New ACCA decision

United States v. Brasington, ARMY 20060033 (A. Ct. Crim. App. 5 October 2009).

On 10 September 2008, our superior court granted appellant’s petition for grant of review on the following issue:


We have considered the original record and appellate filings, appellant’s affidavit, the trial defense counsel’s affidavit, and the briefs of appellate counsel. We hold that appellant has failed to demonstrate that his trial defense counsel’s performance was deficient. Accordingly, we affirm the findings and sentence.

This case is a reminder for not putting the cart before the horse:  it is not that the appellant lost at trial, but how and why he lost.  Here appellant did not lose because of his counsel but because of bad facts and competing expert opinions, as well as the law.

[Counsel] marshaled the facts at his disposal, presented them in a coherent fashion, exploited uncertainties in the law that lay at the heart of the legal issue in the case, and fully explained to appellant that, while legally and factually feasible, the defense was a “long shot.” See United States v. Ingham, 42 M.J. 218, 224 (C.A.A.F. 1995) (stating that when analyzing allegations of ineffective assistance of counsel, “[o]ur first point of inquiry is whether counsel had a reasonable trial strategy – one supported by the law and evidence.”)

How many times have we had to use those words, “yes that’s a defense, but it’s a long shot.”

Appellant turned down a negotiated PTA, plead not guilty, and presented his case to a Members panel.  His defense was lack of mental responsibility.  He had a really qualified expert who supported his theory [n.1] and an under-qualified 706 examiner who had hardly read much of the materials and evaluations.  Unlike the defense expert, the 706, as usual (and as testified to as common with R.C.M. 706 evaluations) did no independent testing, did not read the reports and data of the defense expert, and based the opinion on a two hour meeting with the appellant).  [n.2] And appellant was convicted.  His IAC claim boils down to his being given bad or wrong advice about his defense of lack of mental responsibility.  Essentially appellant claims his counsel assured him he would be acquitted which is why he rejected the PTA and plead not guilty (a pointed rejected by the defense counsel), and he further alleged that his counsel told him that his mental state would be inconsistent with a guilty plea and a guilty plea would not be accepted by the judge.

Therefore, considering the specific nature of the mental responsibility evidence in this case, MAJ M was not deficient in advising appellant he “would have trouble pleading guilty . . . if [he] wanted to [introduce] the mitigating evidence of [appellant’s] mental condition at the time . . .” More specifically, if appellant pled guilty, evidence that “Dr. Deporter had noted his schizotypal traits and impaired logic and reasoning at the time of the offenses . . . [and] that she expressed concerns about his ability to appreciate the wrongfulness of his actions . . . would undoubtedly call his providency to the plea into question.”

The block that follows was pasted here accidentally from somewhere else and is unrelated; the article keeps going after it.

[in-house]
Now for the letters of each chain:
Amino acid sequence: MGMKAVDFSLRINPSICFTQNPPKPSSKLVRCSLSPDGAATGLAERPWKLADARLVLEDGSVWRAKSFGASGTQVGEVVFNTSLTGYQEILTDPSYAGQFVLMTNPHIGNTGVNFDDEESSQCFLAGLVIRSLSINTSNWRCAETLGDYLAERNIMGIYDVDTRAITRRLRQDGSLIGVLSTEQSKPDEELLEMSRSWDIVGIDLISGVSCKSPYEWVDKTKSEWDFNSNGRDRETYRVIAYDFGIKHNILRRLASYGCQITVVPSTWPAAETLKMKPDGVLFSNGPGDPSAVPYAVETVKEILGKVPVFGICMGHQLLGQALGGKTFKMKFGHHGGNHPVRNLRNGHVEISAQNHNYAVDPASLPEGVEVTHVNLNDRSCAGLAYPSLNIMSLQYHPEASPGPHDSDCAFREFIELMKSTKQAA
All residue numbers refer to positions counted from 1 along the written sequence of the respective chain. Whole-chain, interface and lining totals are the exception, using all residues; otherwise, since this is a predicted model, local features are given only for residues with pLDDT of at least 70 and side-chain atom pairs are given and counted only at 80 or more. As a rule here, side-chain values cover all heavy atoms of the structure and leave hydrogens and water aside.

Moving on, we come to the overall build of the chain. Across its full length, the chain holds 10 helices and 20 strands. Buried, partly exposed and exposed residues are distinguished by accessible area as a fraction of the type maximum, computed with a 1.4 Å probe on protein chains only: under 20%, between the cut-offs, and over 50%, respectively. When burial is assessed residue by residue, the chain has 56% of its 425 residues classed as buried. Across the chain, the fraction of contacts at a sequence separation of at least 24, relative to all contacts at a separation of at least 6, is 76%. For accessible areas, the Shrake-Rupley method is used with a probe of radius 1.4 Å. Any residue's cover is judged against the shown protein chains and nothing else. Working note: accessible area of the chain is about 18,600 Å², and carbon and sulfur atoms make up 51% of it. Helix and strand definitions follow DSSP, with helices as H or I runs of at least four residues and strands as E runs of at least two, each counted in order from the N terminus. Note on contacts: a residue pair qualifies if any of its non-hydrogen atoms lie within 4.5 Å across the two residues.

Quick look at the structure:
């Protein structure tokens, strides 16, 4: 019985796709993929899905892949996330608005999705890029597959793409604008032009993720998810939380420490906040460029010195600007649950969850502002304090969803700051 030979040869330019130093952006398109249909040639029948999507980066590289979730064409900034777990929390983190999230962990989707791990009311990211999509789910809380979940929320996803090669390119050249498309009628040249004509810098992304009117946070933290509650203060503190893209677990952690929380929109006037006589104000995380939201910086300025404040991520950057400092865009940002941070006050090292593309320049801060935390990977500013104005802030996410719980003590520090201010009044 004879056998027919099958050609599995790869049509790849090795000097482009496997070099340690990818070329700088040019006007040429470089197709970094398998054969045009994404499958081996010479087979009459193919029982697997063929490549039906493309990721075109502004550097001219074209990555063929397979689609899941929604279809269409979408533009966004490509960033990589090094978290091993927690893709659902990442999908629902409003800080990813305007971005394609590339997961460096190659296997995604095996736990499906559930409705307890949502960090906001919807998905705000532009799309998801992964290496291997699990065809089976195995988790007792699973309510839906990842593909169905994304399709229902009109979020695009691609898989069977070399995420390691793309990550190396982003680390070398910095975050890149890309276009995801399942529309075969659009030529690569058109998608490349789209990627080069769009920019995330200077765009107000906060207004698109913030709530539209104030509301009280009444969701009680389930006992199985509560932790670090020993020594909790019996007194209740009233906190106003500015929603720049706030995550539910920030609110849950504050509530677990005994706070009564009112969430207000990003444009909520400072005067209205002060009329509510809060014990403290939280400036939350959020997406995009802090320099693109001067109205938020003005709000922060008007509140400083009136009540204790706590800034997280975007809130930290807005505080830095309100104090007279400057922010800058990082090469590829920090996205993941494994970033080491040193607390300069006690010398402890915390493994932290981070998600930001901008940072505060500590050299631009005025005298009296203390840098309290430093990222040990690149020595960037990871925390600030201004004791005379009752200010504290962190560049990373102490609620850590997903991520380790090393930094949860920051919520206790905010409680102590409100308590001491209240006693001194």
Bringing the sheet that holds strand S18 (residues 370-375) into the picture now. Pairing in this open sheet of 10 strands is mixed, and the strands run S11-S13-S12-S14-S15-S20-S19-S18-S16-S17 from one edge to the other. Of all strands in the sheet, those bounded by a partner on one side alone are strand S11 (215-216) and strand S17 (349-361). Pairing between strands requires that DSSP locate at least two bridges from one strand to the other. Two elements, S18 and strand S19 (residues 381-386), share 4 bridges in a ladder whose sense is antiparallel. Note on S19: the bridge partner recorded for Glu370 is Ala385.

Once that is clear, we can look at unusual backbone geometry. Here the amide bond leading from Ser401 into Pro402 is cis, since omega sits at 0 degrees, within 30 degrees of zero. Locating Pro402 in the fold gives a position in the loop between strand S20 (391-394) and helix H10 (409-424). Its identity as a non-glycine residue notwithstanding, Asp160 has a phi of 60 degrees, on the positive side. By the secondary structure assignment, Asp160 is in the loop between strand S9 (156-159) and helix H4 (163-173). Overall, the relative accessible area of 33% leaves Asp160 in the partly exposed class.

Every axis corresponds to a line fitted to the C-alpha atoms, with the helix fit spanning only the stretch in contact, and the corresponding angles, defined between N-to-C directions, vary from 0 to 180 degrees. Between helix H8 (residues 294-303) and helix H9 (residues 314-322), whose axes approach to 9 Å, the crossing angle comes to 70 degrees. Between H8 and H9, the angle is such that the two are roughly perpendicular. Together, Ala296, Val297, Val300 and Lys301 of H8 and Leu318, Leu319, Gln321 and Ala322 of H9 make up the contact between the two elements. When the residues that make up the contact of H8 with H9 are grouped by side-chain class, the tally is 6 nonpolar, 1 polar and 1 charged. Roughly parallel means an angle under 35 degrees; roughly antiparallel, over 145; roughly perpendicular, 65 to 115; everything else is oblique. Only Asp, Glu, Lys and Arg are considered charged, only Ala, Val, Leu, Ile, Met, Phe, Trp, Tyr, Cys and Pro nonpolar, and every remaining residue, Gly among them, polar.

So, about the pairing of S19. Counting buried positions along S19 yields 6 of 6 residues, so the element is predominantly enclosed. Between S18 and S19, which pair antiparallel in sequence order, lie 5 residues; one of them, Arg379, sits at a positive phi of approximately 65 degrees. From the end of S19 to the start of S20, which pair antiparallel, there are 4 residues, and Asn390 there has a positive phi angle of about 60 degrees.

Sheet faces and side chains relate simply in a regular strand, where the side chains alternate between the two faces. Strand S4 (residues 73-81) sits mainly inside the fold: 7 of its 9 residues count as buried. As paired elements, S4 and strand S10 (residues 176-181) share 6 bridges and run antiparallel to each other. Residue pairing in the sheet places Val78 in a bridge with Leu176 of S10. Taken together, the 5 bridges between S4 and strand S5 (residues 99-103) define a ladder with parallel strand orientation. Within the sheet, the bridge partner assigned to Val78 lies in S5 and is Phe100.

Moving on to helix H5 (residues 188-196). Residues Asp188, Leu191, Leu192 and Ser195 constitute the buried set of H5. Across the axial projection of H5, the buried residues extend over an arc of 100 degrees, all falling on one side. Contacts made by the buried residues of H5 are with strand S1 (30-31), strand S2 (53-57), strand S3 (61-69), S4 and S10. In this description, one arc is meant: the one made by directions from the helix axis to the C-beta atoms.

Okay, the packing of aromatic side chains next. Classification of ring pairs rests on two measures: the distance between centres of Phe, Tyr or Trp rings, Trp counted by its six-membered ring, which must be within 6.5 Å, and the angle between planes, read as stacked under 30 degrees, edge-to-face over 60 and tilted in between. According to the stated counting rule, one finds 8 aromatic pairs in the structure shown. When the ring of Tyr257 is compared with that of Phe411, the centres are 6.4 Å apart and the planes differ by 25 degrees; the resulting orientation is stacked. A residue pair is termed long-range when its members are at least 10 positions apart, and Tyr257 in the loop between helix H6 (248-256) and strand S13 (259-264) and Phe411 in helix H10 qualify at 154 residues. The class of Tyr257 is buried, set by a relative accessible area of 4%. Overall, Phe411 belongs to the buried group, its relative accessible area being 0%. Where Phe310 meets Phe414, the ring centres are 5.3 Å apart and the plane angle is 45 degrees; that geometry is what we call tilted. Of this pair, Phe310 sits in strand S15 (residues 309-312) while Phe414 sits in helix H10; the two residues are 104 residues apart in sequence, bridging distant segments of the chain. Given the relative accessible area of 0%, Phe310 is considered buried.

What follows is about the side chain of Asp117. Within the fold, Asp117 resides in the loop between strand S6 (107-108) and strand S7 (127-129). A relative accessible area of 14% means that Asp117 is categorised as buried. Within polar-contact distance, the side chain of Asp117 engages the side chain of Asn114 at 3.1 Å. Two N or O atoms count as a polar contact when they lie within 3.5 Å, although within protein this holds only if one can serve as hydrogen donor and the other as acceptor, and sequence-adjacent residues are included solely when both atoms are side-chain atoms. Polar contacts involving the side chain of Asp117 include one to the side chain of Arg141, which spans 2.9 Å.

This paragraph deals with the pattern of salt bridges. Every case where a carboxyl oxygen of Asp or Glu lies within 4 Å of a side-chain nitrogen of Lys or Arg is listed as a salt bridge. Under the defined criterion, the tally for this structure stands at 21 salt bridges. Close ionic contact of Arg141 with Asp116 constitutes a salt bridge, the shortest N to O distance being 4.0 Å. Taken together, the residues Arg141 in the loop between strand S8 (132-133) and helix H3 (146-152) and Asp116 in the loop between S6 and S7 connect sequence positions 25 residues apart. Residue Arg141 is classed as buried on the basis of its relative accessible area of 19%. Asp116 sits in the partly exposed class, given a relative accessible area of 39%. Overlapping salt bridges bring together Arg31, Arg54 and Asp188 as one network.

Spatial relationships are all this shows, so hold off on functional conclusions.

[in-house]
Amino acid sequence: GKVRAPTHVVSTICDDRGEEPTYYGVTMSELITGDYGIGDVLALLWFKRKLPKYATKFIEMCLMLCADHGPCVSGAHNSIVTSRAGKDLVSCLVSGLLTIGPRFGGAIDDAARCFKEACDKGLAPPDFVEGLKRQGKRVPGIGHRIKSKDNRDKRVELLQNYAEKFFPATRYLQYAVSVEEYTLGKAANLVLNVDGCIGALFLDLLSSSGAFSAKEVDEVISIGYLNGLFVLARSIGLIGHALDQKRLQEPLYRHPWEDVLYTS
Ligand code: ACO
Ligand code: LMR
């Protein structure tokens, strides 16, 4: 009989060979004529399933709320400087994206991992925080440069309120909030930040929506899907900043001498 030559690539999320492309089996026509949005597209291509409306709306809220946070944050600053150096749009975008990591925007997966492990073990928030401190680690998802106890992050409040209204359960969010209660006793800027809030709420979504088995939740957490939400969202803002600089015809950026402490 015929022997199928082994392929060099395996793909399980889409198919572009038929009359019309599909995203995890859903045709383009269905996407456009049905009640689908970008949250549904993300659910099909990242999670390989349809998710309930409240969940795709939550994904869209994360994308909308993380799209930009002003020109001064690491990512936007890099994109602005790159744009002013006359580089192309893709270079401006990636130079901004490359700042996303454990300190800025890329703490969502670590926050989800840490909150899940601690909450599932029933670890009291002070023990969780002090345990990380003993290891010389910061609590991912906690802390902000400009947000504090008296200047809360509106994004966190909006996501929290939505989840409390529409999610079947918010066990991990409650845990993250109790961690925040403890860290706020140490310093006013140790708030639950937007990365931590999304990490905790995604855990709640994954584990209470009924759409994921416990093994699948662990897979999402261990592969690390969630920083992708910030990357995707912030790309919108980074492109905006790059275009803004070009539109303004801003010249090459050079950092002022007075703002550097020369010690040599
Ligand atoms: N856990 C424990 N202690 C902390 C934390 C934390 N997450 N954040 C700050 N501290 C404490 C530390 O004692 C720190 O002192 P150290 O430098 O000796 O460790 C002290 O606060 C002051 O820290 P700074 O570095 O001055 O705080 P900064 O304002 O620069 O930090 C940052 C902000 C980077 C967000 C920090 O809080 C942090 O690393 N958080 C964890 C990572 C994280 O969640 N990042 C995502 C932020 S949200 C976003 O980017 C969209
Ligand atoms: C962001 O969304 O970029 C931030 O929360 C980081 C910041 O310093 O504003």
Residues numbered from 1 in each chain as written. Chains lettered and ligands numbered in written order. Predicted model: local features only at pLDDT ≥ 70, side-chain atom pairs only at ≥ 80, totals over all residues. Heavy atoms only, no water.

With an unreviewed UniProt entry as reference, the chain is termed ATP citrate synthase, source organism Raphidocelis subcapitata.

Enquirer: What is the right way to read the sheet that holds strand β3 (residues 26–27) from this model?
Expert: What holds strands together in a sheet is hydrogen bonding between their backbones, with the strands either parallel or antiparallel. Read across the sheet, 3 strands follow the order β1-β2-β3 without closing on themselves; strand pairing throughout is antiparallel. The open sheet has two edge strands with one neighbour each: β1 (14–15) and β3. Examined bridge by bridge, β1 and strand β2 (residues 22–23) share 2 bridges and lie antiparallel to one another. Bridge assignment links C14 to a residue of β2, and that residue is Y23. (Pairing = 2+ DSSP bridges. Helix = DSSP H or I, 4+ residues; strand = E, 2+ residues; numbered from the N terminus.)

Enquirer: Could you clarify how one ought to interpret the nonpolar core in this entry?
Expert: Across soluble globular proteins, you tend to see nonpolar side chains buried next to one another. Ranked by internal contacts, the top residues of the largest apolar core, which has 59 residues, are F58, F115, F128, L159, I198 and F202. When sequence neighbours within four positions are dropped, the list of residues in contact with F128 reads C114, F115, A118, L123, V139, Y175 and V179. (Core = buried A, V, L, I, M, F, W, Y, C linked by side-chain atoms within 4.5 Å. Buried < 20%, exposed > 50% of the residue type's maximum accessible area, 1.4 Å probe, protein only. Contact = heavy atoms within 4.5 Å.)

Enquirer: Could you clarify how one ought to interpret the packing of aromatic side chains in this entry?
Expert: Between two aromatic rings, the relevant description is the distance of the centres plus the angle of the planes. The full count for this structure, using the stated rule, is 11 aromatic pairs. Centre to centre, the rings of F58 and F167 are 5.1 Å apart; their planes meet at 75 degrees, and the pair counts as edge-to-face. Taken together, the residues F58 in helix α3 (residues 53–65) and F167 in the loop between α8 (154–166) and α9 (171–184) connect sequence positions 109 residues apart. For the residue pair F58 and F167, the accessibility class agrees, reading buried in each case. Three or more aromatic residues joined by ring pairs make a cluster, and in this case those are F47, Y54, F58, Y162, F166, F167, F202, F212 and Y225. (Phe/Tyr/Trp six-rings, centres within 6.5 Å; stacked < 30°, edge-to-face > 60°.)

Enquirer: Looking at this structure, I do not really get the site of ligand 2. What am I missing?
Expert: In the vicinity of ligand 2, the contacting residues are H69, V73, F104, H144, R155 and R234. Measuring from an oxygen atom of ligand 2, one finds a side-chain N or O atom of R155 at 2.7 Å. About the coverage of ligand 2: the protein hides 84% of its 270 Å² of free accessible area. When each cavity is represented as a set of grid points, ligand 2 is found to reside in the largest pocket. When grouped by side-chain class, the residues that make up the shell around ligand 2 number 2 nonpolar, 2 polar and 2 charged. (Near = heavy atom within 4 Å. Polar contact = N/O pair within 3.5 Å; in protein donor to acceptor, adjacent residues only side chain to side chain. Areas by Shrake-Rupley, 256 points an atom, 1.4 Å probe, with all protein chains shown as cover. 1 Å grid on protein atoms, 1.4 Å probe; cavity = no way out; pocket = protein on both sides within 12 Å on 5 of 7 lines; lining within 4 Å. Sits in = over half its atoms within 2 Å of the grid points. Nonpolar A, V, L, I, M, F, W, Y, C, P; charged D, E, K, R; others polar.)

Here this case presents a not uncommon problem for trial defense counsel.  You have evidence that could, if believed, raise a defense.  However, counsel determines that the defense is unlikely to succeed.  But at the same time, counsel is aware that that same evidence will likely cause a military judge to reject a guilty plea if presented in sentencing.

The case is a decent primer on representing and defending mental responsibility issue loaded cases.  And another confirmation for what defense counsel already know, that R.C.M. 706 “evaluations” are often perfunctory and fail to adequately inquire.


n.1.  Dr. D’s opinion, it was the first time in her thirty years of practice that she had concluded that a subject was not mentally responsible.

n.2.  Doctor Barry described that [during only his third 706 and first time testifying], in conjunction with his evaluation of appellant in September 2005, he reviewed “a packet of information from the attorneys,” and interviewed appellant for two hours. Doctor Barry did not perform any psychological or psychiatric tests on appellant, and he explained that such testing is not routinely conducted for sanity boards. He did not examine Dr. Deporter’s case file on appellant, to include her observations of him near the time of the offenses and the results of the psychological testing she conducted a short time later in the summer of 2004. He was unaware of appellant’s combat experiences [and the very extensive PTSD related evidence].  Slip op. at 7 (emphasis added).

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